“The phila.gov portal provides all the necessary information. You can visit the Department of Commerce or access the PIDC (Philadelphia Industrial Development Corporation) website. The application process is available there in English, Spanish and also in Mandarin.”
Facebook Live to inform
Misinformation has been one of the most serious obstacles in the fight against the pandemic. That is why Joanna is using social networks and digital media to face this problem.
“There is an urgent need for information. Some people have not decided whether to get vaccinated or not and some are afraid because they think the vaccine is just being developed right now. So the intention of implementing Facebook Live and Zoom meetings, including the support of media partners like El Sol Latino, is aimed at answering concerns about the vaccination process from a medical research point of view.”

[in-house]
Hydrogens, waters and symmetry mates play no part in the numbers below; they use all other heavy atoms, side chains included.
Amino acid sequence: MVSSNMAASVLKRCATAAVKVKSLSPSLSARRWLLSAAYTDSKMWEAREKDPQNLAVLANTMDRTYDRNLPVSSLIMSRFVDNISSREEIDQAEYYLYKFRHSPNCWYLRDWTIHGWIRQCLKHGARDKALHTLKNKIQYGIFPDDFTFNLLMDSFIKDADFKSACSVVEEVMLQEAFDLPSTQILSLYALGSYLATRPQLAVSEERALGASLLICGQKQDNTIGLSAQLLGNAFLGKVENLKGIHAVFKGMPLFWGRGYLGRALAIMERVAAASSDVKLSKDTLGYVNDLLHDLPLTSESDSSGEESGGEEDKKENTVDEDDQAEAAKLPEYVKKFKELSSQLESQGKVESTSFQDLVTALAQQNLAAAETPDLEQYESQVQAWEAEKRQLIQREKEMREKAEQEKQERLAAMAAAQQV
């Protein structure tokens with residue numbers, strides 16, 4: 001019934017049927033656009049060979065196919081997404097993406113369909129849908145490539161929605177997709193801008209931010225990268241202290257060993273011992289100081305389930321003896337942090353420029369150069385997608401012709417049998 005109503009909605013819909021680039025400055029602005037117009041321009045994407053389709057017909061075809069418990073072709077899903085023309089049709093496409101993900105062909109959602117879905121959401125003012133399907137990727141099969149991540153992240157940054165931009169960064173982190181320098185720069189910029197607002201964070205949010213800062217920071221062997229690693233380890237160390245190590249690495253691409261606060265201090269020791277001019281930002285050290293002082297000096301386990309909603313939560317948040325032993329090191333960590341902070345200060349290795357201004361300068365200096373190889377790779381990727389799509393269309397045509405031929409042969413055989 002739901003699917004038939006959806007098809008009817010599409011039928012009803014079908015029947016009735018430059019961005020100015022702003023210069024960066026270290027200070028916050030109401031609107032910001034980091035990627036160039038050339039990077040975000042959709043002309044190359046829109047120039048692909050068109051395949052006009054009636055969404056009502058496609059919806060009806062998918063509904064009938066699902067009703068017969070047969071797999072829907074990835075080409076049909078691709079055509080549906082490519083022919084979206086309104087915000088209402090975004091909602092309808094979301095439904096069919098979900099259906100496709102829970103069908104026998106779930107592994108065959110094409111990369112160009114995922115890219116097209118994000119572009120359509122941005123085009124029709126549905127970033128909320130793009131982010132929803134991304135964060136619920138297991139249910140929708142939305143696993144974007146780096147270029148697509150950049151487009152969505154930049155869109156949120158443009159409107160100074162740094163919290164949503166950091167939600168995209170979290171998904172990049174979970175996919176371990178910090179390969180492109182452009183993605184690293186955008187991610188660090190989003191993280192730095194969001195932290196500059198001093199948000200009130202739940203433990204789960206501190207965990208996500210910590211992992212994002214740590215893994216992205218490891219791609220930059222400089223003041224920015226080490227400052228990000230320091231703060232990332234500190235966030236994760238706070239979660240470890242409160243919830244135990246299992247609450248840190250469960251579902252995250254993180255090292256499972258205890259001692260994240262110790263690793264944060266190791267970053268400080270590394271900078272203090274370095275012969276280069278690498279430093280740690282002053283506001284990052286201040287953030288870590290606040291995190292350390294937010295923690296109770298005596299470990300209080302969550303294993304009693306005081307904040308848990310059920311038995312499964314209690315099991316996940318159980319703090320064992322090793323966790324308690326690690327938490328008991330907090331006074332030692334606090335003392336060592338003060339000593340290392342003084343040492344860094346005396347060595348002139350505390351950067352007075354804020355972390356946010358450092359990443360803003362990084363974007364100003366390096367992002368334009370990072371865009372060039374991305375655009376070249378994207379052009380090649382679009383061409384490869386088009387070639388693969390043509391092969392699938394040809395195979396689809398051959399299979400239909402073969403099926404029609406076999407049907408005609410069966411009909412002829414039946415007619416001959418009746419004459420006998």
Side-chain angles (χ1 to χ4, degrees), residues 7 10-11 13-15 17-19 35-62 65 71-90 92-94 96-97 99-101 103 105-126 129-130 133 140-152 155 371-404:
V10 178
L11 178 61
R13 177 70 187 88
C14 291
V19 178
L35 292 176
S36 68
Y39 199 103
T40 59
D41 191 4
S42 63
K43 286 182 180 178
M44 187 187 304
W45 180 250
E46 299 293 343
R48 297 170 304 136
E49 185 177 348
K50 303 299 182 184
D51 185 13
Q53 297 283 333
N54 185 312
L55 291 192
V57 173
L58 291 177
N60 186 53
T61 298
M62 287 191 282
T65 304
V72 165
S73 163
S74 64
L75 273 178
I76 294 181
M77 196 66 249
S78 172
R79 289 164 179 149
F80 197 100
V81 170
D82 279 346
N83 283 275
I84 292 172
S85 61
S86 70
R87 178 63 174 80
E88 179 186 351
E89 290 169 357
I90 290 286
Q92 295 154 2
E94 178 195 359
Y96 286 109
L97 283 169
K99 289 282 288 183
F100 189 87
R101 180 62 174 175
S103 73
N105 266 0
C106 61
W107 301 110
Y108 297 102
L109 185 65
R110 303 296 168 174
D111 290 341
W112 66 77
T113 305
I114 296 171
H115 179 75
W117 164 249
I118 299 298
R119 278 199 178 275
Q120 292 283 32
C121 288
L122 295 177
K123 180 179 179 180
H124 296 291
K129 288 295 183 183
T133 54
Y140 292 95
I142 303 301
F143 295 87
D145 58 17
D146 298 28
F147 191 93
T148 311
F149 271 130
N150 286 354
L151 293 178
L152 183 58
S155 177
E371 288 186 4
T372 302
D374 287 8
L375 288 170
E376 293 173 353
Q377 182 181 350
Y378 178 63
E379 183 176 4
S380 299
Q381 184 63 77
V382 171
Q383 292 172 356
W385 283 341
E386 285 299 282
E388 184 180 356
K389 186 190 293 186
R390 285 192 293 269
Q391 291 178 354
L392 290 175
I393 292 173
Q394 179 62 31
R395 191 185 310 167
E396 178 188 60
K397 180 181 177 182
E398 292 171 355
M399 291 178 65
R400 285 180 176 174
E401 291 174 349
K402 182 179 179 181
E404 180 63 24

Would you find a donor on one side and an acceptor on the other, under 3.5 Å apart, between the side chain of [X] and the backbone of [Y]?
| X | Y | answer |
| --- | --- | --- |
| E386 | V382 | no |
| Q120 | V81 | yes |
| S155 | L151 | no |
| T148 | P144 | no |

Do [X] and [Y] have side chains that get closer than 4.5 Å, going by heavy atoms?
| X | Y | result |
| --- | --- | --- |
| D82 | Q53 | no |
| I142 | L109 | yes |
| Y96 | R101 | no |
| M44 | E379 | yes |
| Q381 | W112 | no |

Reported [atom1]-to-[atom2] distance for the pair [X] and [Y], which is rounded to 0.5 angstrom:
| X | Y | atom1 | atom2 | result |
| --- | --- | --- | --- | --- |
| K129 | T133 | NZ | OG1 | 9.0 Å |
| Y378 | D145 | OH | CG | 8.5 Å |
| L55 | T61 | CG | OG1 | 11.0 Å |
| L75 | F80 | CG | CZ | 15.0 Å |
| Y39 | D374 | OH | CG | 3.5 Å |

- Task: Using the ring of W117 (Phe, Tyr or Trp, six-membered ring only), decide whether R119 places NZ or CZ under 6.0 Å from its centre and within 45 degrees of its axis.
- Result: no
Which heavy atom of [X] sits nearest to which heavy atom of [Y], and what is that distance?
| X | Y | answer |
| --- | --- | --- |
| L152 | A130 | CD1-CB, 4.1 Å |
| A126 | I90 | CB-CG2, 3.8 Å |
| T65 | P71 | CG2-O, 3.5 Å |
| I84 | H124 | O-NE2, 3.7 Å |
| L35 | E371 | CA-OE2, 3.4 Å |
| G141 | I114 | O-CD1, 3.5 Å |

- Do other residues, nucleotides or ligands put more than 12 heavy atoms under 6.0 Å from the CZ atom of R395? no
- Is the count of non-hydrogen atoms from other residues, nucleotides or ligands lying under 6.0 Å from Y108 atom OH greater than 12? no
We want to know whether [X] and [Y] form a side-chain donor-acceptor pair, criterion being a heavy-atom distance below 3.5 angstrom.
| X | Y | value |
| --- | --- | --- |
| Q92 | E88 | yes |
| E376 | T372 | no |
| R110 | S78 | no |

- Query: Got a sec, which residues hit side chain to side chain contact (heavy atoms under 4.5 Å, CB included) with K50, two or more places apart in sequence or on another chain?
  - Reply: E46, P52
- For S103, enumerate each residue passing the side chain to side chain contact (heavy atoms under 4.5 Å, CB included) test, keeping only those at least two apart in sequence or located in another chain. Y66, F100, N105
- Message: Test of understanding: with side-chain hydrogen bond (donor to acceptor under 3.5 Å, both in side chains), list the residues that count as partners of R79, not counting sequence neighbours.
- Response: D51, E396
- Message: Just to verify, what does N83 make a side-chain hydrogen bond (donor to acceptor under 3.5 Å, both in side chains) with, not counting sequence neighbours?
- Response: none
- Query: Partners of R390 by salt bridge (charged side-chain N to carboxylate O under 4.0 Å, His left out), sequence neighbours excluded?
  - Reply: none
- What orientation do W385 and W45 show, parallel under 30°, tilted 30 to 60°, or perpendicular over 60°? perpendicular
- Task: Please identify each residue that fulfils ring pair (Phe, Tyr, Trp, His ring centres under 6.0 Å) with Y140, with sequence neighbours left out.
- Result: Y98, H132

Otero says there is also a need to share information about the logistics of implementation. For example, where and how to register and what procedures to follow. She clarified that the information is distributed in a bilingual format (Spanish and English) in order to make it more inclusive.
“We also have partners who will enable us to provide valuable assistance regarding residents’ mental health. They will be available to talk about the impact of the pandemic from a psychological perspective since isolation has greatly impacted this aspect of health.”
Joanna exemplifies the mental deterioration with the increase in cases of depression and anxiety. “Many families have reached out to us because of these effects on children and youth. Hence, the support we are providing in relation to information on where to get resources to deal with this situation.”